BC nurses’ days off


Wellness programs are hurtful to nurses and the populations they work with

By Rachel Braeuer
Photos by John Atherton

There is little more infuriating than someone who doesn’t know shit about shit trying to tell you how to do your job. If you don’t believe me, ask a nurse. From knowing what being sick looks like, to getting a flu shot, they just don’t know how to do their jobs. At least, that’s what you’d believe if you trust Perry Kendall, the BC provincial health officer recently rising to fame for misquoting a Cochrane review in a Vancouver Sun letter to the editor in an attempt to vilify health care workers who don’t receive their flu shots. Don’t worry, though. He got his ass handed to him by Dr. Tom Jefferson, who works for the Cochrane Respiratory and Infections group (whose review Kendall misquotes) via his followup letter to the editor. This public repartee has caused an interesting turn. Now that facts are out of the way, the discussion can return to what it was before: workers are told they aren’t doing it right and publicly shamed for it. Except we aren’t talking about it.

The first instance of Kendall insinuating nurses aren’t taking due diligence was a two-for-one deal published by the CBC in August, with the media only latching on to one half of his barrage, despite the BCNU’s direct responses to the bullshit. Beyond indicating he would try to make flu shots mandatory, he spoke to nurses coming in to work despite showing signs of influenza. Out of context, this sounds terrible. What Kendall fails to mention is that nurses are being given disciplinary action for taking too many employer-defined sick days, despite being within the BCNU’s allowed 18/year for full-time nurses. If an employer deems that an employee has been sick too often, they get put in a wellness program. Seems nice enough in theory, but in practive it is a series of scheduled meetings between a nurse and their employer to see why they’re sick so often that have more to do with the employer making sure the nurse understands they won’t be getting the hours they’re used to, nor might they be allowed to put in for overtime if they continue to rack up sick days. This goes against the BCNU’s collective agreement. They have filed numerous grievances against a host of the province’s health authorities, but regardless, these wellness programs trudge on.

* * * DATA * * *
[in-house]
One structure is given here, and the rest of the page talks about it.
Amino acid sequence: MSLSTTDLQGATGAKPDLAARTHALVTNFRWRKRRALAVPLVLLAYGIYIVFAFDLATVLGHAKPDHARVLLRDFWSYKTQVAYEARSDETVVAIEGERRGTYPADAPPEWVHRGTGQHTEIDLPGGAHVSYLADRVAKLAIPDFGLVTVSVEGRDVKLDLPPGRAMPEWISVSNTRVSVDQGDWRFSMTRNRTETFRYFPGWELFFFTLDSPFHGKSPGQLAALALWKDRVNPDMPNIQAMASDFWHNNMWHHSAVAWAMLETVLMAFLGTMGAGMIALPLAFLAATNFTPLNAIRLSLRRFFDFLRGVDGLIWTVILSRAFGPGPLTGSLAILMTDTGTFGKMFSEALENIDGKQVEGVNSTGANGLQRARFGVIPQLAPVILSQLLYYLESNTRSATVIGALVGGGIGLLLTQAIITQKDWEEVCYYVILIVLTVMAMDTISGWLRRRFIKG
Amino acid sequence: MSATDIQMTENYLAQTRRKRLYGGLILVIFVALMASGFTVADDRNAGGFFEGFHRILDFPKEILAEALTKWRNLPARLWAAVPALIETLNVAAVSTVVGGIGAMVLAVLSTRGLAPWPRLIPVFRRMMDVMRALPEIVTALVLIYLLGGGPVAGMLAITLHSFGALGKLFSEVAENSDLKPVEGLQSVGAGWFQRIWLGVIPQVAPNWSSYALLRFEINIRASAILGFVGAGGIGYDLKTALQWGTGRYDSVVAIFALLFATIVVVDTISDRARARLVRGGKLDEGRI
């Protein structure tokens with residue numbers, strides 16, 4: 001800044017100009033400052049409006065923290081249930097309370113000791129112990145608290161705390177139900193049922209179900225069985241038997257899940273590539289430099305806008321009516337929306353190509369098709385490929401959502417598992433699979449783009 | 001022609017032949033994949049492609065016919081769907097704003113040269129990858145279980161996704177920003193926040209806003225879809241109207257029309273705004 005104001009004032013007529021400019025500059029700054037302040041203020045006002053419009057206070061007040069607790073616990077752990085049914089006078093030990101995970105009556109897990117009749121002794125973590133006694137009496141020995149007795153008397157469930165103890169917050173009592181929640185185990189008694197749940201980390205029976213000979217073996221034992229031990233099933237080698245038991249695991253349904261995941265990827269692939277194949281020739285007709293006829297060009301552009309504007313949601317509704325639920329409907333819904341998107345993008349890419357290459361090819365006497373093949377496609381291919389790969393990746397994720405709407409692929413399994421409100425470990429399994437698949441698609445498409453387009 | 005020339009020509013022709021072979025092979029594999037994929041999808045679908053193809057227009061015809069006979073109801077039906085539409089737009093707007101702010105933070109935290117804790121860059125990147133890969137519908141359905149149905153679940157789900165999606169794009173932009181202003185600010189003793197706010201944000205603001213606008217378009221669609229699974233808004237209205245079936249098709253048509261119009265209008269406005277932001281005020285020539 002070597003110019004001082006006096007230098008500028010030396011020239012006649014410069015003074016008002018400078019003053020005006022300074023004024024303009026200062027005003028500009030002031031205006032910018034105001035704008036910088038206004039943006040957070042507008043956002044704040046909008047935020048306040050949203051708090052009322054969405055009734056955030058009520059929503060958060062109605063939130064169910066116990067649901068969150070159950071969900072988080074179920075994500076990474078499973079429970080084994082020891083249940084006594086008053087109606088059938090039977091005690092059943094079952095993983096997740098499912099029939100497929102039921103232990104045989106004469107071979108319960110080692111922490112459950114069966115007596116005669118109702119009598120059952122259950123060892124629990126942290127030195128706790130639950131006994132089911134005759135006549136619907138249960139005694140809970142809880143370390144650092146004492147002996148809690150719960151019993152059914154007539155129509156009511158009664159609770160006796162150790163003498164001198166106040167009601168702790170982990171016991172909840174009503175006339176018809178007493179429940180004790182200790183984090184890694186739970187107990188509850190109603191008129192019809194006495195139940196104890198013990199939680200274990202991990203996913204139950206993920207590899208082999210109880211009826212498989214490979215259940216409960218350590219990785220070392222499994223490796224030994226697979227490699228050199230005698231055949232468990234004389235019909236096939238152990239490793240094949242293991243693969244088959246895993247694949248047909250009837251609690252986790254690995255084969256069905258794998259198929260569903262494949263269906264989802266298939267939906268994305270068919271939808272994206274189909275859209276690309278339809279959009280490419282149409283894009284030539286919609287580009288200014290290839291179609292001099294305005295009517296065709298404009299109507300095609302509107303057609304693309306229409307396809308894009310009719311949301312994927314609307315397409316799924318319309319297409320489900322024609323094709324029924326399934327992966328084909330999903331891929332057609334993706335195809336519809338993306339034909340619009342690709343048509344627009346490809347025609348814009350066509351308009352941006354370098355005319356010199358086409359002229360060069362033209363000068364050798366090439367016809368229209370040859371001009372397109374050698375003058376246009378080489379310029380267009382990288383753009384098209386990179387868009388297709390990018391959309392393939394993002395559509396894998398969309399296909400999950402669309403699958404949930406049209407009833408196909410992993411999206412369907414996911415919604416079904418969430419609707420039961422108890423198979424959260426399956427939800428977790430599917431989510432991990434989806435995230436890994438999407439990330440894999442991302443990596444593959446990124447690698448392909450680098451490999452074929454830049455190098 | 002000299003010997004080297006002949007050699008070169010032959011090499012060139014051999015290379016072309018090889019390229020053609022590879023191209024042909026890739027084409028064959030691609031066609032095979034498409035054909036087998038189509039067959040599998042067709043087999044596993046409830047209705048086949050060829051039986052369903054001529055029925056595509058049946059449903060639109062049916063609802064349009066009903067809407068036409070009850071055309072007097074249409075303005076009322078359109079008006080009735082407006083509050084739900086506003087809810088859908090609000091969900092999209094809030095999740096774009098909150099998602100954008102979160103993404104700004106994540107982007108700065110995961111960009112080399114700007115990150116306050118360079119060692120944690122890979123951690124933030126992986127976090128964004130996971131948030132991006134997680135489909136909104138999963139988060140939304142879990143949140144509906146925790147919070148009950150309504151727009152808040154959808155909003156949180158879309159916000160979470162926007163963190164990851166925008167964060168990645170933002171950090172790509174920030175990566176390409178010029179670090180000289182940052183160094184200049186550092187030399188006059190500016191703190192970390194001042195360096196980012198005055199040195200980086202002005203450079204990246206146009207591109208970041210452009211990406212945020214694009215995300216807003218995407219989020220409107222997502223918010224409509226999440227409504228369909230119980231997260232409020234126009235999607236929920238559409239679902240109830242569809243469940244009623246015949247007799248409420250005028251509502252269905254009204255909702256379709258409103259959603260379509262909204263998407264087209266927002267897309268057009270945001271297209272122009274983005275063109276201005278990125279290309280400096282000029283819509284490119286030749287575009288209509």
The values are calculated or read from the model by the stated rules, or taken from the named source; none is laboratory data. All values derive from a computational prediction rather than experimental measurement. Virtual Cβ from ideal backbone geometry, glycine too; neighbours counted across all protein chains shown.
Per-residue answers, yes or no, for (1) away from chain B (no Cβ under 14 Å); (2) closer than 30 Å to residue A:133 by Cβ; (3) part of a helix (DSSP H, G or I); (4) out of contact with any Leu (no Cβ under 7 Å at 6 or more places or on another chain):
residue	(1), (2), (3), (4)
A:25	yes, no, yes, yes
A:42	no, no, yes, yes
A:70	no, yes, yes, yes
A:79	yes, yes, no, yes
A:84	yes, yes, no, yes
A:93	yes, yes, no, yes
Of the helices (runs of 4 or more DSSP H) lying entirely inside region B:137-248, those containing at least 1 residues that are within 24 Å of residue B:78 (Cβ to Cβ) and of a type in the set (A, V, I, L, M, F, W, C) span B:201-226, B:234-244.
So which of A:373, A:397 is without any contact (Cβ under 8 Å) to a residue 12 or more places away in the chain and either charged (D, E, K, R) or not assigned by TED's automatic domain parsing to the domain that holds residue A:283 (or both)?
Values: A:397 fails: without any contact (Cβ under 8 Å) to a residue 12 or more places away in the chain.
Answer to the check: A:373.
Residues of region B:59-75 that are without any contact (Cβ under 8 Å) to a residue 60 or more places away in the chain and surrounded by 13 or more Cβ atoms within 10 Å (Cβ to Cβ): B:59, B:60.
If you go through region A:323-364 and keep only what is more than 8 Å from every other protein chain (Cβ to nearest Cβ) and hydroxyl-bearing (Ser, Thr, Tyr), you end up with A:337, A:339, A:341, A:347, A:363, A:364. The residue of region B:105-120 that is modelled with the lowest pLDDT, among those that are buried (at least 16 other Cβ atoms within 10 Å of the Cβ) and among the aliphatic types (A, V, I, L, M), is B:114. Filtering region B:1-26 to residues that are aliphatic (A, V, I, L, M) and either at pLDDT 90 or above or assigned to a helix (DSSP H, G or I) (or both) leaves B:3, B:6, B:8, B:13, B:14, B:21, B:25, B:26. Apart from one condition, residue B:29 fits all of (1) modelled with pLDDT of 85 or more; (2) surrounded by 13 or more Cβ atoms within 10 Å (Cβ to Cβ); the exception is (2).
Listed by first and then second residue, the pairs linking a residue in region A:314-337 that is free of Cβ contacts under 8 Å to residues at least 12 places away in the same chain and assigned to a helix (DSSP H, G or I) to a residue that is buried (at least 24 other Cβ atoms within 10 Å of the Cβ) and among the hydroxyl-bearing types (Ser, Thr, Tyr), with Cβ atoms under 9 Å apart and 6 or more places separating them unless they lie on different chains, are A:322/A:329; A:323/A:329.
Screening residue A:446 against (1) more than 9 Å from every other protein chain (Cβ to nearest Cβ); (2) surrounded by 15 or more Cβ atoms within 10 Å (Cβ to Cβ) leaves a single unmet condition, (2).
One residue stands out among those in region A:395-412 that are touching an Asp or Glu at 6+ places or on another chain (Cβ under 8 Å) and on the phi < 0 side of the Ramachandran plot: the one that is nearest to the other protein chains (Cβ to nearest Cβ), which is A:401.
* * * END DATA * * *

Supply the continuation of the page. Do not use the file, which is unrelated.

Nurses may show up to work despite exhibiting symptoms of the flu or other illnesses in an attempt to avoid these meetings, according to Margaret Dhillon, BCNU’s executive councillor. She stressed the rhetoric of concern these unsupportive meetings get shrouded in, the result of which is the wellness program, which works contrary to established sterile technique that these nurses would be well aware of. Furthermore, in most cases there are already [pullquote]Kendall fails to mention that nurses are being given disciplinary action for taking too many employer-defined sick days despite being within the BCNU’s allowed 18/year.[/pullquote]programs present in hospitals to deal with nurses who are experiencing serious health problems to facilitate unusual amounts of sick time. There is no need for these programs; they are essentially just a bully doppelganger of an already functional program. As provincial health officer, Perry Kendall should be aware of this, and yet he goes on the record with a letter to the editor defaming nurses. Meanwhile health care providers going to work sick for fear of disciplinary action.

This year I say we forego the yearly debate over the flu shot. I propose we have a discussion of working conditions instead, and think about the ways things like so-called wellness programs contribute to the flu killing a significant portion of “at-risk” populations, or maybe even about how being pressured to do a better job with fewer resources might be contributing to C. difficile virus that many hospitals are dealing with breakouts of while you read this, despite you not reading about it in the news, mainly because hospital employees would be fired in an instant if they breathed a word of it from their apparently influenza-filled mouths.